When creating something to put in the figure’s hands it is often useful to have a firmer structure underneath the green stuff. For a gun cut a piece of paperclip and bend it into a 90 angle. Put some green stuff around it and then put it into the figure’s hand. Now comes the tricky part, walk away for 15 minutes or so; when you come back the green stuff will be a little more solid. You can use the molding tools to shape a gun. You can also use smooth pliers to put a shape on both sides. Poke a hole in the end for the muzzle. Again, remember to wet your tools periodically to keep them from sticking. Adding a belt (or strap) is a matter of rolling a thin piece of green stuff and then stretching and wrapping it around the figure. Smash down the roundness with your molding tool. Holsters are a little tricky, green stuff does not always like to stick to dry green stuff, so a dab of superglue will probably be needed. I added a vest/jacket and used the pliers to pull edges away to show movement and added back some hair on her head.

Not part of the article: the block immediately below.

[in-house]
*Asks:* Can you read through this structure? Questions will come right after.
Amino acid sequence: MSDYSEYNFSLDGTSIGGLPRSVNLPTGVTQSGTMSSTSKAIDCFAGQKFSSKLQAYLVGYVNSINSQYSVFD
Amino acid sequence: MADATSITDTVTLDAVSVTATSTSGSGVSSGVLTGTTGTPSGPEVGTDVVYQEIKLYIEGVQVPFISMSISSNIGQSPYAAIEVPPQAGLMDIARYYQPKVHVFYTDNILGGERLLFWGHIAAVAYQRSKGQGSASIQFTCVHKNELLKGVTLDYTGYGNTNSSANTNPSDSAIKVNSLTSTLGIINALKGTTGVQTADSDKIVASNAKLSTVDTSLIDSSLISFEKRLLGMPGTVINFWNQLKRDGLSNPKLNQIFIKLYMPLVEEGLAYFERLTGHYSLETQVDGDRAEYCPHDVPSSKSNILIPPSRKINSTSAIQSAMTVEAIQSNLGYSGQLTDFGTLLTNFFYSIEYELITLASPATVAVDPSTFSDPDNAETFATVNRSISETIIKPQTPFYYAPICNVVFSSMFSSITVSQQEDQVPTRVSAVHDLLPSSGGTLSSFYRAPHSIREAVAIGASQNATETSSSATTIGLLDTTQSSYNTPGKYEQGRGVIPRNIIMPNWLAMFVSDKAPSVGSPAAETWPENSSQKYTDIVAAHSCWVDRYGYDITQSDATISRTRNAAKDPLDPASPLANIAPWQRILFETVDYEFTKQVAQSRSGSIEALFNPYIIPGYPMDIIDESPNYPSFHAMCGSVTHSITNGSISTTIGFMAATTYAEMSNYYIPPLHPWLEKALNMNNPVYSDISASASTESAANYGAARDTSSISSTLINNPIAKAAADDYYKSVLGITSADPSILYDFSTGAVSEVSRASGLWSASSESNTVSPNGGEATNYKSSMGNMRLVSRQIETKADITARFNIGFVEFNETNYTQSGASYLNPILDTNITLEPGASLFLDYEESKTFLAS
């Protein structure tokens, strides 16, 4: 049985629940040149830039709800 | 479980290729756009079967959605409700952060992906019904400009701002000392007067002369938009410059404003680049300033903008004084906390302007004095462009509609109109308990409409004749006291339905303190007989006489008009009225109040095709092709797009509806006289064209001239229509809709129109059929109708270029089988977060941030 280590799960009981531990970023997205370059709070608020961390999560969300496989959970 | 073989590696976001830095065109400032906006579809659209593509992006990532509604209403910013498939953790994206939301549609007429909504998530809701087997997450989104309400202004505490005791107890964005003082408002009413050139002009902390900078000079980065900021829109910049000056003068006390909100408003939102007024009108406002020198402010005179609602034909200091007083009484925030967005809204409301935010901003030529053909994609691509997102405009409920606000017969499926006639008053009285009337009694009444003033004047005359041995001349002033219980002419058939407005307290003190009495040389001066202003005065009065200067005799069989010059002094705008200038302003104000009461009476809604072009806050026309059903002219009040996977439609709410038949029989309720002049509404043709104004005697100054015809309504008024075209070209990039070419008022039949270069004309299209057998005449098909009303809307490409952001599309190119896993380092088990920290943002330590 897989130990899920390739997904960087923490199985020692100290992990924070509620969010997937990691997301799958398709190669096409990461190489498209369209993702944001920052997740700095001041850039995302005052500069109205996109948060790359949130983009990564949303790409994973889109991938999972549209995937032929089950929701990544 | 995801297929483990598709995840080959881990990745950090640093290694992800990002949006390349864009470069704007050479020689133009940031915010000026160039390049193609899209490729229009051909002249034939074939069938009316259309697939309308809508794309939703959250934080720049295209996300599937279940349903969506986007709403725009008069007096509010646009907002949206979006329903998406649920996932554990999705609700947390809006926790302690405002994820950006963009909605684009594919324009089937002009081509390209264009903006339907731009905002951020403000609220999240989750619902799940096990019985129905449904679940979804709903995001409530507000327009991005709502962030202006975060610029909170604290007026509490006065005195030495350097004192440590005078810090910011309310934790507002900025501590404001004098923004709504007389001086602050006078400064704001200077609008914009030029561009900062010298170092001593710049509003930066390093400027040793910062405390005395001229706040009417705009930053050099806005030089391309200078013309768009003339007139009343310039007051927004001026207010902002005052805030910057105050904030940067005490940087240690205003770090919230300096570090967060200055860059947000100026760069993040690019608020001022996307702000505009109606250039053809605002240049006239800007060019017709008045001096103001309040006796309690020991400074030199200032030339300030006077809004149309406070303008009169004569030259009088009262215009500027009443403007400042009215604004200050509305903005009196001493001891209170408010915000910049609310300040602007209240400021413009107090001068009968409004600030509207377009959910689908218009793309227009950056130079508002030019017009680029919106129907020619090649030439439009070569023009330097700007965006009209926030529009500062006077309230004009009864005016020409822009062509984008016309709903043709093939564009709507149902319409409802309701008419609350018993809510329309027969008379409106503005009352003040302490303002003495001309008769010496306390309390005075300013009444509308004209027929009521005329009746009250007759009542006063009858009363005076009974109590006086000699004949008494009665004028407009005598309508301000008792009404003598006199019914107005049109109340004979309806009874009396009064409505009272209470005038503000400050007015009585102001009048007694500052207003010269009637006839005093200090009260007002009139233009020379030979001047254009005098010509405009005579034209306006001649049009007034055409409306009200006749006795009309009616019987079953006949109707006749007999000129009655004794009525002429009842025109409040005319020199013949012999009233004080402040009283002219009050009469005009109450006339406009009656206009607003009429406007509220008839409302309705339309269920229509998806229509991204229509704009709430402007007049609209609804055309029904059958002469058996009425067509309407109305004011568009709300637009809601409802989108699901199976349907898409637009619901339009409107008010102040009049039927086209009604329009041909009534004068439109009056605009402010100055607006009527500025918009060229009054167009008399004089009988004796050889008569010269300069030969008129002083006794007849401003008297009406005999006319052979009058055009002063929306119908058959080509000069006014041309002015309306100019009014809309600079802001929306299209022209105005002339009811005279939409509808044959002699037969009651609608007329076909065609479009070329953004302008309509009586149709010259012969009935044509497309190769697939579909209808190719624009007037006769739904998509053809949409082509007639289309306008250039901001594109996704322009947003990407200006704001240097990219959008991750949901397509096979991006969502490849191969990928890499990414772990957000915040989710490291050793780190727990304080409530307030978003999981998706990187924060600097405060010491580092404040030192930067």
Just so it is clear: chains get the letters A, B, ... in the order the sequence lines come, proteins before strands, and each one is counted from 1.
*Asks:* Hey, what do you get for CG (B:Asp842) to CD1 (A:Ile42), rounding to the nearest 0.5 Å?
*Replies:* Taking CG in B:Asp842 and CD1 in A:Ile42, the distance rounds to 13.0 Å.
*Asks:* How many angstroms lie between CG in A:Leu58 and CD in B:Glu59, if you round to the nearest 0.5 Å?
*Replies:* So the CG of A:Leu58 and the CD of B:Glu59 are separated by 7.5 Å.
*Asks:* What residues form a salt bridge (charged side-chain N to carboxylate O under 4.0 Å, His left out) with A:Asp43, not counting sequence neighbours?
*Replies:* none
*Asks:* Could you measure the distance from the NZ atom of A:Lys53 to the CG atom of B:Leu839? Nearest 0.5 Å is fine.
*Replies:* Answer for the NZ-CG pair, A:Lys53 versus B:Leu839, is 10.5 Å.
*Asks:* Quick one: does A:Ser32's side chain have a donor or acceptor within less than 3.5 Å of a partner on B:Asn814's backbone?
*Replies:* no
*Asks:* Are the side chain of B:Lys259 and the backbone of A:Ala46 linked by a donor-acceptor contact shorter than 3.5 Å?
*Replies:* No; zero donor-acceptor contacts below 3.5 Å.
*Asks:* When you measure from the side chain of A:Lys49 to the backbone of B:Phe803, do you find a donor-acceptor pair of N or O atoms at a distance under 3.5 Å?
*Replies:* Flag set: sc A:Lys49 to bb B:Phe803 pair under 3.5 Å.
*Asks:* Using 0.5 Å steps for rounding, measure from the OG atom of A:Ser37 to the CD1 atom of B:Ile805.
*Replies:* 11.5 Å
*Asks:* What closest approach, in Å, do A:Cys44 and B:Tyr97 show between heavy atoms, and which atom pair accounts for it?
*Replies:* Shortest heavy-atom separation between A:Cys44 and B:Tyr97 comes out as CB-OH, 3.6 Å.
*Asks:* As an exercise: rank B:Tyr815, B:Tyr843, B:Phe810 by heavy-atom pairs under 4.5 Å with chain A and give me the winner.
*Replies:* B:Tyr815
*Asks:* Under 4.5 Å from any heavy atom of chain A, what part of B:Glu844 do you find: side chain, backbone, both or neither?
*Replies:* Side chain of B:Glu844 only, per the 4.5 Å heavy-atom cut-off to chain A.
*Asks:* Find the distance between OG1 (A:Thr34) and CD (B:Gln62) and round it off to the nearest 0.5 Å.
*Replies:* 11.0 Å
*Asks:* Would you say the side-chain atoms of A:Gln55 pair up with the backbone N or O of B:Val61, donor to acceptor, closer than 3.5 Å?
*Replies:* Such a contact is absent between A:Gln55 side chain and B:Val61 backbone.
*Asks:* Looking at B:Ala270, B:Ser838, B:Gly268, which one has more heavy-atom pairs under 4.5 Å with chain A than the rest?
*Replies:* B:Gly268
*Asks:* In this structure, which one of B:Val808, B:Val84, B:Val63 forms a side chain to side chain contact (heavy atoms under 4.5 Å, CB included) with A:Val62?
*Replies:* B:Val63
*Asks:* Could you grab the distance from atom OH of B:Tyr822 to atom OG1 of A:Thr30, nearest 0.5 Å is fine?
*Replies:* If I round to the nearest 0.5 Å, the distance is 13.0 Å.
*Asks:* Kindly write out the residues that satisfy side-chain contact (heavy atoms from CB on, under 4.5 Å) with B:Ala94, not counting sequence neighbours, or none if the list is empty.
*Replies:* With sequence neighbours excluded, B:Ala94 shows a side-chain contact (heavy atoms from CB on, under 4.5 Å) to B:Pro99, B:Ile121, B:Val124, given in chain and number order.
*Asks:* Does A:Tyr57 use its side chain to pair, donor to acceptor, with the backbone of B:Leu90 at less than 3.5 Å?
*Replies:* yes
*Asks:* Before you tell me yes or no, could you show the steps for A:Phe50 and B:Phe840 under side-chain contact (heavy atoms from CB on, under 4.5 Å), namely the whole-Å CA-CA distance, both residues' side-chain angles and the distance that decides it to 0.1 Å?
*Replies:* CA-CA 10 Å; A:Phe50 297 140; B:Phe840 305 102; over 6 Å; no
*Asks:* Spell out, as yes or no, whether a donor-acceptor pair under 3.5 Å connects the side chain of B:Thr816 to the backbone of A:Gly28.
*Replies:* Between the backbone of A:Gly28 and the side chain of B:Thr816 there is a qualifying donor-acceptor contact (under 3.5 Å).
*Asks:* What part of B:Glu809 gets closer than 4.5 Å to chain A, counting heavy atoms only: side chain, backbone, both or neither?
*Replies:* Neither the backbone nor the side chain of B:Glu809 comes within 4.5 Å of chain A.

Finally when everything is molded the way you want it, you can paint it.
Tommy the Wolf Man was by far the easier conversion. Using the X-Acto I trimmed off the letter from the jacket and used the files to smooth the area down. I put a belt on him because I was already thinking ahead and wanted to add equipment to his belt.
I have a variety of weapon trees and chose an etched sword to put in to his hand. On test fitting the hand would have to be closed somewhat to better look like it was grasping the sword. I gently used the smooth pliers to achieve this. I also had a spare gun from a Tau Fire Warrior. I cut it down and also undercut it some more to give the appearance of a barrel. A little putty worked to make a clip. I tried a variety of test fits as to where I wanted to place the gun. I finally decided on an over the back sling and glued it into place.
However now I realized that his waist was becoming obscured. And I still wanted to add a scabbard. I’ll admit the scabbard did not turn out exactly as I wanted. I used green stuff to shape it but had to superglue it into place. I guess when I did I did not realize I slightly bent it.
Painting Tommy the Vargr was pretty straight forward. There was not a lot of hanging clothes and hard to reach angles.
The overall results, with just a bit of care and planning, can be quite good, as you can see. You’ll need to develop your own techniques for all the fiddly bits, but ultimately, the core of the entire process is going to be learning to see the possibilities in the miniatures you start with.